Coast Guard to name new cutters after reservists who died responding to 9/11 attacks
Two Sentinel-class fast response cutters will be named for Coast Guard veterans who lost their lives as first responders in New York City on 9/11, the service announced recently.
Petty Officer 2nd Class Vincent Danz was a New York City police officer with the Emergency Services Unit in the Bronx, and Petty Officer 1st Class Jeffrey Palazzo was a New York City firefighter for Rescue 5 on Staten Island when two planes struck the twin towers of the World Trade Center on Sept. 11, 2001. Nearly 3,000 people died in the attacks.
Danz and Palazzo, both Coast Guard reservists, were killed aiding victims at the scene.
“These cutters and their crews will sail into storms when others turn and flee, and like their namesakes, they will put service before self so others may live,” Coast Guard commandant Adm. Karl Schultz said during a ceremony Tuesday in lower Manhattan, according to WABC-TV New York.
The Coast Guard first announced Oct. 23 that Danz, Palazzo and eight other “Coast Guard heroes” will have ships named for them in coming years. The other eight honorees include Coast Guard legends, pioneers of gender and racial equality and heroes of World War II.
Schultz formally announced the decision regarding Danz and Palazzo during the ceremony at the East Coast WWII Memorial in Battery Park, New York City, attended by the widows of both men.
“The ships bearing their names will be symbols of everything our organizations stand for and they’ll serve as a visible reminder of the sacrifices made by the first responders on 9/11,” Schultz said, according to a short video from the ceremony released by the Defense Department.
“The crews that will sail aboard future cutters Vincent Danz and Jeff Palazzo will carry on the legacy of these two American heroes,” he added.
The cutters are slated to be delivered starting in 2023, according to a Defense Department statement.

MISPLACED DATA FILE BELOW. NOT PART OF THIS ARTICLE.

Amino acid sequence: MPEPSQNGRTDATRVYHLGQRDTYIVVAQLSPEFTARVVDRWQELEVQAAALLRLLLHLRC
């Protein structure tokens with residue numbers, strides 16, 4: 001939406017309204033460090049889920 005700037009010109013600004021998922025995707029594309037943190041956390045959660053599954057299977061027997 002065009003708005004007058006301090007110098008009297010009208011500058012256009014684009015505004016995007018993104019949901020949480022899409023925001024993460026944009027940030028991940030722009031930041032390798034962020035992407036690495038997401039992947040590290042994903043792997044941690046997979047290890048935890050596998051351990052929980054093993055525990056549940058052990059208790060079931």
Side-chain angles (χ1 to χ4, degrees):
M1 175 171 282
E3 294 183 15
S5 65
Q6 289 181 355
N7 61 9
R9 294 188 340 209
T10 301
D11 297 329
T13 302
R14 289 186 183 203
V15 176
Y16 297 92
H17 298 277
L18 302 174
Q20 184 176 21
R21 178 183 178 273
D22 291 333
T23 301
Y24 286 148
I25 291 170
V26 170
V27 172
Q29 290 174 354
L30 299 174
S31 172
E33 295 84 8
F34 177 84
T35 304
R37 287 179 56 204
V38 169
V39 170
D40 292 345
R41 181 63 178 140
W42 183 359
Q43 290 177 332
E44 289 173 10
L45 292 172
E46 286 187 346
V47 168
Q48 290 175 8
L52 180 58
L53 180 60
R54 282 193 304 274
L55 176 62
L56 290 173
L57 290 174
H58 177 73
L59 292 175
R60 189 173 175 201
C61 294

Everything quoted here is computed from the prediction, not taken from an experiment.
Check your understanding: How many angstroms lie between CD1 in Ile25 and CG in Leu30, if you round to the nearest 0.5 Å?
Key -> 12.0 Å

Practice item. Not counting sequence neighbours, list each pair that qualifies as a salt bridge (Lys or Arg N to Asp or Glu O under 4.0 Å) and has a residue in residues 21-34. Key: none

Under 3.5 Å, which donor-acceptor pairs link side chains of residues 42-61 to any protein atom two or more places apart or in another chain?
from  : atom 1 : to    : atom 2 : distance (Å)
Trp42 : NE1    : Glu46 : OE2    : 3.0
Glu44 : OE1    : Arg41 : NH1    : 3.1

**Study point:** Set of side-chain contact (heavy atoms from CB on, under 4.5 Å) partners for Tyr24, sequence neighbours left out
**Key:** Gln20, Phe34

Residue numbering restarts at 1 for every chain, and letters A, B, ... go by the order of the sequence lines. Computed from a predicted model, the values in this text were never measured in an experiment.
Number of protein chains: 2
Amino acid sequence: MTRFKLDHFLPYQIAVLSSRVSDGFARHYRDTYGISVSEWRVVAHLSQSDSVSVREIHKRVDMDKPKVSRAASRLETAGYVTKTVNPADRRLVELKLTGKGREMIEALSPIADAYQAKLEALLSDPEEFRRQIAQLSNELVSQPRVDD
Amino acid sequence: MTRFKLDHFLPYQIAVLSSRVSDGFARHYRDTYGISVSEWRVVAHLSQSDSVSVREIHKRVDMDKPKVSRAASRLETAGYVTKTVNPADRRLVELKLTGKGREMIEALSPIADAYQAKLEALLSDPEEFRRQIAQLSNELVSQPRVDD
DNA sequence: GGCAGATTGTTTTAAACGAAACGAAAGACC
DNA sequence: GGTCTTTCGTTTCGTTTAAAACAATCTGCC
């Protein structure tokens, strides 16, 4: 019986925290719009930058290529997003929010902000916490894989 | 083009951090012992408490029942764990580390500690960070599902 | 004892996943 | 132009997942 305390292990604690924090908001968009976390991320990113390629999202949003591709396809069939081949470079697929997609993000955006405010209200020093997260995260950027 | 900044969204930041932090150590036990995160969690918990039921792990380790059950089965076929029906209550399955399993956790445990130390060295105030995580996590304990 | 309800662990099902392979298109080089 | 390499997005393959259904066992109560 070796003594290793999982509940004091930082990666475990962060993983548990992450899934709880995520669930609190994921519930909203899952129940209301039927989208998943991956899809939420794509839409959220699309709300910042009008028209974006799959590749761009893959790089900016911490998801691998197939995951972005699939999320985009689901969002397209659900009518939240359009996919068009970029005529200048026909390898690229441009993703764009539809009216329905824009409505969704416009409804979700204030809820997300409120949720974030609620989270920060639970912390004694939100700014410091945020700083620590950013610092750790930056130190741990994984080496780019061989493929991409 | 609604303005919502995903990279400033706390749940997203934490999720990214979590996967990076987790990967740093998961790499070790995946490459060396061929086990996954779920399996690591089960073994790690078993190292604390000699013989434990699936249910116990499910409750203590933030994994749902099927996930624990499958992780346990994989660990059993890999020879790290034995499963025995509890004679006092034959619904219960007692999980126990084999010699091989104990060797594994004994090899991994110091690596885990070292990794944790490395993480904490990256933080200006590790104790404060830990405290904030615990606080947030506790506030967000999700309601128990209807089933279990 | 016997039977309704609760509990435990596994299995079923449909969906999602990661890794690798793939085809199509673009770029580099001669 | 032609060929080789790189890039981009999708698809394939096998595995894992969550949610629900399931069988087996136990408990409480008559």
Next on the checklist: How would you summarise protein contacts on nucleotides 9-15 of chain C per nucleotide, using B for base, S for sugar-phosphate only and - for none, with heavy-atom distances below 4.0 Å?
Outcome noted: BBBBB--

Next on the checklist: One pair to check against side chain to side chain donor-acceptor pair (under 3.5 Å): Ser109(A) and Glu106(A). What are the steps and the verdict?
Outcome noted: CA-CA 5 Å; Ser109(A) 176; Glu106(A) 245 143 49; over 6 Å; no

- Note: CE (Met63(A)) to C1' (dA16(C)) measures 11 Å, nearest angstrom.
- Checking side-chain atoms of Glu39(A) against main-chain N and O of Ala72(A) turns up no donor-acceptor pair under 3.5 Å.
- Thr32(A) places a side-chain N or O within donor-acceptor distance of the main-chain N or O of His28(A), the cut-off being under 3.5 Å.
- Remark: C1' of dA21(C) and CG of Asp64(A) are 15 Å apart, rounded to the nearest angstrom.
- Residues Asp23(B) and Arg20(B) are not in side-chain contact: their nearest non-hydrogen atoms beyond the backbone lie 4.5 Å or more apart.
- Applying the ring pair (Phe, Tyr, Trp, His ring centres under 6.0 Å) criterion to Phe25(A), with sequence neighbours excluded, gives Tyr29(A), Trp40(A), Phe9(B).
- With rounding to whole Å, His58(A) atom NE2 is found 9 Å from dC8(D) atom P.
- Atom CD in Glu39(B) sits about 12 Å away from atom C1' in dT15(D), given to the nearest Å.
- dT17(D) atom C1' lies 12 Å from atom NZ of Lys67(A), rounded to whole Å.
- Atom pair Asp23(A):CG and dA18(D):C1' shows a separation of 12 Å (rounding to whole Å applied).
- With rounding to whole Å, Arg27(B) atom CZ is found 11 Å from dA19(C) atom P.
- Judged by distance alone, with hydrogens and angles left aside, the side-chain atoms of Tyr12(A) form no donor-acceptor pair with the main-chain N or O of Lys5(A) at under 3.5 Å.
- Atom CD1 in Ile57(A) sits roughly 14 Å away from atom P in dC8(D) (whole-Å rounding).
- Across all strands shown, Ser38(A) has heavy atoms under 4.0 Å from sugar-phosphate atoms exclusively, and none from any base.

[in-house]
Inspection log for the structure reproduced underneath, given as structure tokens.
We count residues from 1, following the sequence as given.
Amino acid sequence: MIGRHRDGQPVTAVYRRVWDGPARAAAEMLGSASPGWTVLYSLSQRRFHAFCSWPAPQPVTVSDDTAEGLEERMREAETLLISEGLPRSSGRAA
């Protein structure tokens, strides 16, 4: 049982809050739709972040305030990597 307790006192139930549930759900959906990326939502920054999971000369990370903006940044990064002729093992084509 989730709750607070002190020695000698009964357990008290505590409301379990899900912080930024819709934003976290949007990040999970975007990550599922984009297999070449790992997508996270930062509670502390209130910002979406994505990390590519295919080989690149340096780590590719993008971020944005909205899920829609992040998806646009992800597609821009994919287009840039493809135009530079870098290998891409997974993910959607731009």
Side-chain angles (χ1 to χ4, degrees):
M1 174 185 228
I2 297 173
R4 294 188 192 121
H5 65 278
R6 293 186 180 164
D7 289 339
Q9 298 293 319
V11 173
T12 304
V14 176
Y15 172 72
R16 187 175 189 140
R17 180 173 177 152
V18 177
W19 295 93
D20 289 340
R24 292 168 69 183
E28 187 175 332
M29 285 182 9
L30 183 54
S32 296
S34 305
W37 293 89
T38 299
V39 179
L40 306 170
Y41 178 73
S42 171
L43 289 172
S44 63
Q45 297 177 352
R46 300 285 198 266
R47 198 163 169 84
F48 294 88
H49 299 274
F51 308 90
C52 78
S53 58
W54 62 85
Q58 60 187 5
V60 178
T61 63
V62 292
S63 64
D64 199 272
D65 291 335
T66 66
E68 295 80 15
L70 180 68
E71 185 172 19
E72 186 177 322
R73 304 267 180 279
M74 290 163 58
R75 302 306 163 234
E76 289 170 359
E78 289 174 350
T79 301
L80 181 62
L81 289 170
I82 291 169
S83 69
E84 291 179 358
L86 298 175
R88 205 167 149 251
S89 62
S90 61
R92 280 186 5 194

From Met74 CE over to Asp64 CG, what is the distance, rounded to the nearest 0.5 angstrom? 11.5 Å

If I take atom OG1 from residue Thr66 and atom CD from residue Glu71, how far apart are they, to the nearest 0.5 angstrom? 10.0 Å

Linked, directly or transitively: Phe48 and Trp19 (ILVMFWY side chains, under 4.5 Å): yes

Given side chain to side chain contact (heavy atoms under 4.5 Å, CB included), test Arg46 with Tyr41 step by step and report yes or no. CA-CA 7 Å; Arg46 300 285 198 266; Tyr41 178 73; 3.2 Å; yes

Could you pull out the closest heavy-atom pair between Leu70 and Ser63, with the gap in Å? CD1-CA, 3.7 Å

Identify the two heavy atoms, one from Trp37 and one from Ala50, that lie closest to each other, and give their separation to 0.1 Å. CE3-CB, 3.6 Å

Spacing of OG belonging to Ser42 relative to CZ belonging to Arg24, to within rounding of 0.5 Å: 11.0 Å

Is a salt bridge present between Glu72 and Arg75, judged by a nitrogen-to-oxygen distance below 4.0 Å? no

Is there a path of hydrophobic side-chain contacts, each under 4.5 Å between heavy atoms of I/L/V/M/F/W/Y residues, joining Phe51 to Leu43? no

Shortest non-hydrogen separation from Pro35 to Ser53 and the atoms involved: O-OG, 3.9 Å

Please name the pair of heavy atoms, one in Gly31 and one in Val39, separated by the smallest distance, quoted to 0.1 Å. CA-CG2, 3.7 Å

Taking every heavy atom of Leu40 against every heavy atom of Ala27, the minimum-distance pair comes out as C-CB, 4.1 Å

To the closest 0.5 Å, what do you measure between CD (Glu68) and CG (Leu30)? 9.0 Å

The Sentinel-class fast response cutters make up the backbone of the Coast Guard’s coastal patrol fleet. They are responsible for drug and migrant interdiction, patrolling and protecting ports, waterways and coastal security, fishery patrols, search and rescue and national defense.
The ships are to be 154-feet-long, with crews of 24, Newsday reported, citing Coast Guard officials. They will be built by Bollinger Shipyards of Louisiana at a cost of approximately $58 million each.
Danz was believed to have been on the fourth floor of the World Trade Center’s North Tower when the buildings came down, Newsday reported. His remains were recovered three months after the tragedy.
“Pray for me and pray for these people,” he said in his last words recorded on a home answering machine message for his wife, Newsday said. “I love you. I’ll talk to you soon.”
Palazzo also lost his life trying to rescue people at the scene, the Coast Guard message said.
“Helping other people came as naturally as breathing to him,” Angela Danz-Donahue said of her late husband in the Defense Department video. “Knowing there will be a vessel at sea with Vincent’s name is to know that he will not be forgotten.”
At the Tuesday ceremony, Palazzo’s widow, Lisa Palazzo, thanked attendees that included New York City Mayor Bill de Blasio, police commissioner James O’Neill and fire chief John Sudnik because they had helped her children learn more about the type of man their father was.
“It was his nature to always put others first and he continues to be a shining example for my children,” Lisa Palazzo said. “The naming of this Coast Guard cutter goes beyond what we could have ever hoped for. It’s an honor he would not feel worthy of.”